Canadian-Nigerian filmmaker Pascal Atuma laments insecurity, killings in Aba

The recent tragic incident in Aba, Abia State, where four soldiers were killed, has been strongly condemned by Pascal Atuma, a Nigerian filmmaker living in Canada. He also appreciated the immediate action taken by the state governor in response to the attack.
Gunmen attacked and killed the soldiers at the Obikabia Junction in Aba, Abia State, as reported by PREMIUM TIMES on 30 May.
President Bola Tinubu has promised to take decisive action against those responsible for the unrest in the region.

Abia State Governor Alex Otti, during his visit to the families of the deceased soldiers, encouraged the remaining soldiers to stay alert and not let the loss of their comrades affect their morale.

Mr Otti said on Friday also that N5 million has been added to the N25 million bounty he earlier placed on the killers of five soldiers.

The security threats in Abia State and the South Eastern geopolitical zone of Nigeria have caused concern among many citizens, including well-known businessman and celebrity barman Pascal Okechukwu, also known as Cubana Chief Priest, who expressed his sorrow over the decrease in traditional activities in the region due to insecurity.
Collective efforts
The 52-year-old filmmaker, known for his strong stance on political matters, shared his thoughts on public officeholders and their performances in a statement on Friday.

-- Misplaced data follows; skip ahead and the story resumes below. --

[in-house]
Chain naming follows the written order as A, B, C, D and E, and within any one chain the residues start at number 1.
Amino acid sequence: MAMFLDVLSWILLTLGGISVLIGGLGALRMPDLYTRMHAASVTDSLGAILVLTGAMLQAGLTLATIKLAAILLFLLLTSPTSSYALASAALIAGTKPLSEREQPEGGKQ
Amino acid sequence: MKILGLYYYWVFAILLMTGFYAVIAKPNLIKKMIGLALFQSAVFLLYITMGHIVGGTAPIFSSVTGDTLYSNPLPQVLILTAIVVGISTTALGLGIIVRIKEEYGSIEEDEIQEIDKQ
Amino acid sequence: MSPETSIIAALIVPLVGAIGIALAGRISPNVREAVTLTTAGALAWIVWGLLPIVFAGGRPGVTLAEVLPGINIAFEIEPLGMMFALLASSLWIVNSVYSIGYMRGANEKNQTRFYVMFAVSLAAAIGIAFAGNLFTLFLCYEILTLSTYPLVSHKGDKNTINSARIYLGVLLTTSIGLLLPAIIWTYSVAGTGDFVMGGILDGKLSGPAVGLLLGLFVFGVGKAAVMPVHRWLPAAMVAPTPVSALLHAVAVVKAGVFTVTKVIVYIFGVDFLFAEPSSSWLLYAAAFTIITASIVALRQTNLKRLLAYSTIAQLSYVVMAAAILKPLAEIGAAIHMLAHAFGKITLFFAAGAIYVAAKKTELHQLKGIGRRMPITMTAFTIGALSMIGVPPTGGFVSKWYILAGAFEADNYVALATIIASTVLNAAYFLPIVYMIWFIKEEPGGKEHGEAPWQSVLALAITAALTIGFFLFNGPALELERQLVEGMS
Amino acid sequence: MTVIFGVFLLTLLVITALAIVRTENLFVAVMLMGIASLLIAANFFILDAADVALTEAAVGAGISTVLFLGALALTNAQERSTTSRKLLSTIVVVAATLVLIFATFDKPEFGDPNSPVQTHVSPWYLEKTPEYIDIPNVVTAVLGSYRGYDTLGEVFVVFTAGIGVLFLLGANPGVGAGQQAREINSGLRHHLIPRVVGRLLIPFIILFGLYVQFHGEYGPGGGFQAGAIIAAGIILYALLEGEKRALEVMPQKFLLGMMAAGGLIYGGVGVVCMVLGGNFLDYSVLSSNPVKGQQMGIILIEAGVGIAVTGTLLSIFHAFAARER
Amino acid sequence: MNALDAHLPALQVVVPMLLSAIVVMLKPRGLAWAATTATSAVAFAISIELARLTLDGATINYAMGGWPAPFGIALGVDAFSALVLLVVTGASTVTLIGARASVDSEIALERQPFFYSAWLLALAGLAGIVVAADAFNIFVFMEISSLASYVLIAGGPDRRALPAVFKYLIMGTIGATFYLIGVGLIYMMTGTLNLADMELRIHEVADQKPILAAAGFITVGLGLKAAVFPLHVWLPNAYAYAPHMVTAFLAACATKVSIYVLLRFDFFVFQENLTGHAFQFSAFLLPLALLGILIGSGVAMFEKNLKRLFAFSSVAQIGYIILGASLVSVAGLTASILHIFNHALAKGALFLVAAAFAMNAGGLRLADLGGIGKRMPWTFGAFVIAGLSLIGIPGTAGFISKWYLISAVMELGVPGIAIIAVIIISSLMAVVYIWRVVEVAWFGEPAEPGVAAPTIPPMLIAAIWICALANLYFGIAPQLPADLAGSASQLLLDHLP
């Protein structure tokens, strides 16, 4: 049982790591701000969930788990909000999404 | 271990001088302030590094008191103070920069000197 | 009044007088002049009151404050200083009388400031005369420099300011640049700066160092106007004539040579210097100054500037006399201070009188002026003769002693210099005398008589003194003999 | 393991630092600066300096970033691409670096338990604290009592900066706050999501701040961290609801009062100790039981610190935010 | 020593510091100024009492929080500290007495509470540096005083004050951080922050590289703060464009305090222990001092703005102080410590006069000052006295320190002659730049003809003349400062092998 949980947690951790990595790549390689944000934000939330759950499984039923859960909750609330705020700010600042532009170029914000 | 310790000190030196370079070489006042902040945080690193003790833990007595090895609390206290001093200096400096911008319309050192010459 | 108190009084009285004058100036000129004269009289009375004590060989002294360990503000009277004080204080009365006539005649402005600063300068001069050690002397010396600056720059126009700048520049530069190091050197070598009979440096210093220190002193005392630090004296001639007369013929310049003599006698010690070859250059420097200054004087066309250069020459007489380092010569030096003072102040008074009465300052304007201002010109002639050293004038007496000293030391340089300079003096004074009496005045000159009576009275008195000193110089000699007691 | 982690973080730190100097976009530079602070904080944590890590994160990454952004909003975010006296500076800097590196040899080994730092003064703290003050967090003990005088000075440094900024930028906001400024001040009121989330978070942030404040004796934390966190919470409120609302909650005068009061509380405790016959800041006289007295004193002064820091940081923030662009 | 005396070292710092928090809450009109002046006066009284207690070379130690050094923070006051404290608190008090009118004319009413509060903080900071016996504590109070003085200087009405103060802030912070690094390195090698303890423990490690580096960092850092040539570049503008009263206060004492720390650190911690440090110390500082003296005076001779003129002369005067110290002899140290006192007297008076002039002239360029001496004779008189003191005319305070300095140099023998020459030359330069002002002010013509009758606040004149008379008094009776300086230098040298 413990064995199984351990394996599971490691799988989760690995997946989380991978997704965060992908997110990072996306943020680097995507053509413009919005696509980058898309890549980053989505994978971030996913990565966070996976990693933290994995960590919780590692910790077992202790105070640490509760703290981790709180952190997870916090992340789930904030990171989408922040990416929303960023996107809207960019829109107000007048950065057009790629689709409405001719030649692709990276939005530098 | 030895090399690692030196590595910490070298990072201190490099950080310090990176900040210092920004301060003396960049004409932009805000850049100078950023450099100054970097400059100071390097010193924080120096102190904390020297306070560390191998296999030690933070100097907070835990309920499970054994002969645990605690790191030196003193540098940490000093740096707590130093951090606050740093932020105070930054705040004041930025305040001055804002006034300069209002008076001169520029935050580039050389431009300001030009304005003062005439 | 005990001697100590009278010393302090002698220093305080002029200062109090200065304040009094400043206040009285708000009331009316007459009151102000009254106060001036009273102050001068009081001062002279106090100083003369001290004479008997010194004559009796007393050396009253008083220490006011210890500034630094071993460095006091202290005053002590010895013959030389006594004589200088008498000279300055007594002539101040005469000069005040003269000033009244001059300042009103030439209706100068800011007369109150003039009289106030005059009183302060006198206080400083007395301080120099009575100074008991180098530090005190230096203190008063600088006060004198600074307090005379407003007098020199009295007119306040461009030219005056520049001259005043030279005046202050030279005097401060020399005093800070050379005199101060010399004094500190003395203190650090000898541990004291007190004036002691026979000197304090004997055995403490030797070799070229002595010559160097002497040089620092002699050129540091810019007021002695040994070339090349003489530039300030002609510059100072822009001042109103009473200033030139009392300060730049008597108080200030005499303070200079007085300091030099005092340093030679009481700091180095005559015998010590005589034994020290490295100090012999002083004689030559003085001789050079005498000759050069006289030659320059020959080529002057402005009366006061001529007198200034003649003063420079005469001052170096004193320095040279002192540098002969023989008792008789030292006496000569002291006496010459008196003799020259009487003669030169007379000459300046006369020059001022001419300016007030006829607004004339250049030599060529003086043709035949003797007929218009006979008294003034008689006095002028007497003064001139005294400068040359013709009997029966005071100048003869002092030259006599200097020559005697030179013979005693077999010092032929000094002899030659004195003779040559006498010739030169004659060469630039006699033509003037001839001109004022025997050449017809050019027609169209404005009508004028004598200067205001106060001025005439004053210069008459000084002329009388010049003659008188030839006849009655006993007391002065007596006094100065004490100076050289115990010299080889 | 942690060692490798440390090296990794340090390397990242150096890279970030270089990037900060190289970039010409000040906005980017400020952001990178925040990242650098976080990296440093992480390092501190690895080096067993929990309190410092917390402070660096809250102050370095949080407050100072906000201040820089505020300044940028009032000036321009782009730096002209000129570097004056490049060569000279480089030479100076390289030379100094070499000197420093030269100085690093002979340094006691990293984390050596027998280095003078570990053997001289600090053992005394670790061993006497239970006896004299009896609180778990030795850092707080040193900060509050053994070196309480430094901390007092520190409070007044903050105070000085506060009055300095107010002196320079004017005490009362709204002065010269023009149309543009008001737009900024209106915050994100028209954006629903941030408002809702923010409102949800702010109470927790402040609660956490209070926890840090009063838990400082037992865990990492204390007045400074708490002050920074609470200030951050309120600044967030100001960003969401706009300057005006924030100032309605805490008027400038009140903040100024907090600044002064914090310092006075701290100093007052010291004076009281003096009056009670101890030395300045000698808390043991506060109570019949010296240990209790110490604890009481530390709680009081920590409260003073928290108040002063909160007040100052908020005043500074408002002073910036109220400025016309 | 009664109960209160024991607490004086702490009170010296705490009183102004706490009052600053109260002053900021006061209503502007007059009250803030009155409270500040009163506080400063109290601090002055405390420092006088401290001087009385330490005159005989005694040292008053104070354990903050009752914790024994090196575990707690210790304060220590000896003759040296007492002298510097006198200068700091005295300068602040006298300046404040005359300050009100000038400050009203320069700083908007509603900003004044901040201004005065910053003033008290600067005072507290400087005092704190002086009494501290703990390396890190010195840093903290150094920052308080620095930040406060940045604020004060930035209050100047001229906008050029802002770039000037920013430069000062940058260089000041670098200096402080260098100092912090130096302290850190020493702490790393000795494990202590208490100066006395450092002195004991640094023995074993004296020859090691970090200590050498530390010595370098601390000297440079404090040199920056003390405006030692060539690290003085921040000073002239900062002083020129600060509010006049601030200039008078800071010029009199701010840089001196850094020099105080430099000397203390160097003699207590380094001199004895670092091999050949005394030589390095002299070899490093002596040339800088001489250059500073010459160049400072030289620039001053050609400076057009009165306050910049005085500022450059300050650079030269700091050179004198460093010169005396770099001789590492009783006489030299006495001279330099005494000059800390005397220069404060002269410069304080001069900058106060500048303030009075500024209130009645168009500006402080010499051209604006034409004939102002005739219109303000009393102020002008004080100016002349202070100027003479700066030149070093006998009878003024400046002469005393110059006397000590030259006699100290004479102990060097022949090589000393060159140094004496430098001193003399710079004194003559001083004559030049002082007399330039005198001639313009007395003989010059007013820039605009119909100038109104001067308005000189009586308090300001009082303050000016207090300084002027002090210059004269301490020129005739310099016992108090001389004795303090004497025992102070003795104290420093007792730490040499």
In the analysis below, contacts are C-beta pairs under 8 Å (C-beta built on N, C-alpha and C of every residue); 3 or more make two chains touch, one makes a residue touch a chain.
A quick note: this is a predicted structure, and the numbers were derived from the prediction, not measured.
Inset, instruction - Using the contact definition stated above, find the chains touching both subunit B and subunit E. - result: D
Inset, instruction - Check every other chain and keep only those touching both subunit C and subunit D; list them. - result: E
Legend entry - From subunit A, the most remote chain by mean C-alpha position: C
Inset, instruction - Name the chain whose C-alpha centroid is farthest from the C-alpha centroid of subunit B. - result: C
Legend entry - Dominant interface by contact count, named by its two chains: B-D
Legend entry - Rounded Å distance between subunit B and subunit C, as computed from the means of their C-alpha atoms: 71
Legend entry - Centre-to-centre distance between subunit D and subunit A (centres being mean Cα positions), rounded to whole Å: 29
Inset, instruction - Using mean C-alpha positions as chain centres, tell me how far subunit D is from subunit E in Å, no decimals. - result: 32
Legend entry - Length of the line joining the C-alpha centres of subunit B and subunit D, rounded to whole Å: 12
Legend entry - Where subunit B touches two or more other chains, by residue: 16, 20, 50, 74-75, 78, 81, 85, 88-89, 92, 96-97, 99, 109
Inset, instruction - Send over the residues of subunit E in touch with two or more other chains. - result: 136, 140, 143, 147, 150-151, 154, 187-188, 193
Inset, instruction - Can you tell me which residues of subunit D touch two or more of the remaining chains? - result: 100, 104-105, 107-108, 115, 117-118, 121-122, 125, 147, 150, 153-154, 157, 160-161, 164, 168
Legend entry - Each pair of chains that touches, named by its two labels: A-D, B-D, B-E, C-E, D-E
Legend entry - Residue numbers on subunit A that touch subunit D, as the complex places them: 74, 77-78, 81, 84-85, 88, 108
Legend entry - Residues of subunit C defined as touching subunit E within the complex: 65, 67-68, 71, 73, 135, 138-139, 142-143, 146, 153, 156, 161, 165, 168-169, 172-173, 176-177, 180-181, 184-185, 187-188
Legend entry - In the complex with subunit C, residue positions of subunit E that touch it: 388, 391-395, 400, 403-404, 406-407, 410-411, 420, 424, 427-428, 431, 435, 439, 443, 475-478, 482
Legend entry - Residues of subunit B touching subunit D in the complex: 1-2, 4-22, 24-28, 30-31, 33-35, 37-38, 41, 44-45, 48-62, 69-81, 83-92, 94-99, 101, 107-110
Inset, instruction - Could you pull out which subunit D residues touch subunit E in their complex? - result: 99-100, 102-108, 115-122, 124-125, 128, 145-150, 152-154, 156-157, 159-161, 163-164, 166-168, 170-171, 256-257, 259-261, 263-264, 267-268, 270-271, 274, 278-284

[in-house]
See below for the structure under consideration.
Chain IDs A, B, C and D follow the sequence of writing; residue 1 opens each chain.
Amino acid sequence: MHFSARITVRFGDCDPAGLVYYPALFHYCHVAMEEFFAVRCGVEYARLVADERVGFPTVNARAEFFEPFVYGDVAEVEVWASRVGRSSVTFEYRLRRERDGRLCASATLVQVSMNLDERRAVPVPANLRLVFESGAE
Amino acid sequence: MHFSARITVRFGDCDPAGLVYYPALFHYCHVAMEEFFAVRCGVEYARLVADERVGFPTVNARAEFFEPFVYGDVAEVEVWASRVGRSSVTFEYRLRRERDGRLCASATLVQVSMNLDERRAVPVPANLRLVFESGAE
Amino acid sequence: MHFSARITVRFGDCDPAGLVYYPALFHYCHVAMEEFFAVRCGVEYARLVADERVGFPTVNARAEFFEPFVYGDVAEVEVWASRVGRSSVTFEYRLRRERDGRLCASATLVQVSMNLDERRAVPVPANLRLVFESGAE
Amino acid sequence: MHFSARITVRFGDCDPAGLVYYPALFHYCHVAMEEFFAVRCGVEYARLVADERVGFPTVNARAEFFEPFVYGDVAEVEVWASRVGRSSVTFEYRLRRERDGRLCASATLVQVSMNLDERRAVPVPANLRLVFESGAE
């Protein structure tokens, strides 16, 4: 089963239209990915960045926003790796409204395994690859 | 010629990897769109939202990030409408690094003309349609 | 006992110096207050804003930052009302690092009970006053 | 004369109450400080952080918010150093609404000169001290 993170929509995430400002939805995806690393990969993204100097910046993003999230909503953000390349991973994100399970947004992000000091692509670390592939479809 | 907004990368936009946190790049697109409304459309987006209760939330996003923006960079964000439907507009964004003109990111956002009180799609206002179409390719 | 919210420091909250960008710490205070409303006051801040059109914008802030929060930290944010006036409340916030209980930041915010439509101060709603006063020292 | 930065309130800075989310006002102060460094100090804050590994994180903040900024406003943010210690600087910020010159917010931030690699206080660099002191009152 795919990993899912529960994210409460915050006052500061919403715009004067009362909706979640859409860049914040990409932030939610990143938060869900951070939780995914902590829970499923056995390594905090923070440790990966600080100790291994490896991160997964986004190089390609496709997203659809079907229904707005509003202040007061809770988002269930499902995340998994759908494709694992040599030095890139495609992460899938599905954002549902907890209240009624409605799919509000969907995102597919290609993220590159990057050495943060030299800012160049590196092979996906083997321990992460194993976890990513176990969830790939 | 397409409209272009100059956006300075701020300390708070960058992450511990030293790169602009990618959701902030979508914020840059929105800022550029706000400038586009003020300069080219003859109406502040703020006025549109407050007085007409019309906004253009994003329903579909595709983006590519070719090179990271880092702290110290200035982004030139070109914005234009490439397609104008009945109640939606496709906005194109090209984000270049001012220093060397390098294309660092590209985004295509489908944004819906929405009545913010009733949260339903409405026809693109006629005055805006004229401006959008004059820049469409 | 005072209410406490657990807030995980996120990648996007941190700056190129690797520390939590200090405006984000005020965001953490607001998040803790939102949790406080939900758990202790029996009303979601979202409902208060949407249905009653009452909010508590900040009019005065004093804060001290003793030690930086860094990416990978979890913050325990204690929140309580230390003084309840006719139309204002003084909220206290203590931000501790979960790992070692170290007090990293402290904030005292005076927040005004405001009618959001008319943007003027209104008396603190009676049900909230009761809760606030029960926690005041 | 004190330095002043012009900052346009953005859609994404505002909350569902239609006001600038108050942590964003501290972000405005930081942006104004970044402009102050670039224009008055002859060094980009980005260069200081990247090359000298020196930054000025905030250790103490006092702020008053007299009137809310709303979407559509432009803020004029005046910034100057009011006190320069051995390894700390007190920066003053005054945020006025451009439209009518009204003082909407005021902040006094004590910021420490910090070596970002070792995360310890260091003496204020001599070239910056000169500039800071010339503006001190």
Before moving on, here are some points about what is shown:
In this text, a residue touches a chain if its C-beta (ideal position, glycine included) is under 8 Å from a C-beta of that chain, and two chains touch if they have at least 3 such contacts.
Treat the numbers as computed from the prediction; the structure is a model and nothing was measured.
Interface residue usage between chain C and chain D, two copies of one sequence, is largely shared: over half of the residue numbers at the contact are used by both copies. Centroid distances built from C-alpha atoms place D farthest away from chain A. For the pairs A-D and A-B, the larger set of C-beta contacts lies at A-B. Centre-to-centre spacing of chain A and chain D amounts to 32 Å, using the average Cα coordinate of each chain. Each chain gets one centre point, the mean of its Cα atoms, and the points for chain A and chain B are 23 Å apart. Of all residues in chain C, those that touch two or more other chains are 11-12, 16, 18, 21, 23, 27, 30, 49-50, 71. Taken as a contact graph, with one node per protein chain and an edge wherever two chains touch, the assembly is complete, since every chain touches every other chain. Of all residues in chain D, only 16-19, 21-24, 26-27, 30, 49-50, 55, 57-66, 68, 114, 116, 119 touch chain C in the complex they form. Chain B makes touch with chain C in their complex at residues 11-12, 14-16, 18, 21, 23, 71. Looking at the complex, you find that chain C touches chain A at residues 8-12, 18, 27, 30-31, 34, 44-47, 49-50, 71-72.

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The socially conscious filmmaker also called on collective efforts to stem insecurity in the country, lamenting the breakdown of security initiatives in the southeast.
Mr Atuma, whose breakout directorial debut, ‘My American Nurse,’ premiered at the 2006 Pan African Film Festival in the United States, stressed the importance of empowering security personnel not only in the Southeast but also nationwide, particularly in the Northeast, where bandits and terrorists are highly active.
In addition to lauding the Otti-led administration in Abia State, the filmmaker highlighted the need for collaboration between the residents and security forces.

He noted: ‘‘This collaboration would involve the community actively protecting and assisting the police and military by providing reliable information about the region’s misfits and criminals causing havoc. Bounties are a great way to discourage them, but at the end of the day, they might even get used to it. The right thing is to tackle this menace from the roots so that it is contained.’’
The filmmaker also called the citizens of Abia State to abide by the law and offer their utmost assistance to the military and police in safeguarding the state.
Mr Atuma, also the Chairperson/CEO of TABIC Records Ltd., a musical record label, encouraged the governor to remain steadfast and urged the people of Abia to support the government’s efforts to maintain security and continue the state’s development.

READ ALSO: ‘Traditional marriages, burials no longer hold Cubana High priest laments insecurity in South-east

He said: “Recently, I have restrained myself from speaking about public office holders or expressing my thoughts on their performances. You see, I have seen how partisanship has overtaken objectivity, more often than not, in these types of conversations enough to know that most times, they lead to nowhere. At the same time, I have also travelled the world a lot, enough to understand what good leadership and encouraging followership mean to society.
“We need to stay focused on building the state and, as John Maxwell said, Mr Governor should continue to show us the way in a manner that exemplifies quality leadership.”
Mr Atuma is a multi-award-winning actor, screenwriter, film producer, film director, and comedian who moved to the United States in 1995 after attending Government College Umuahia and the University of Port Harcourt in Rivers State.
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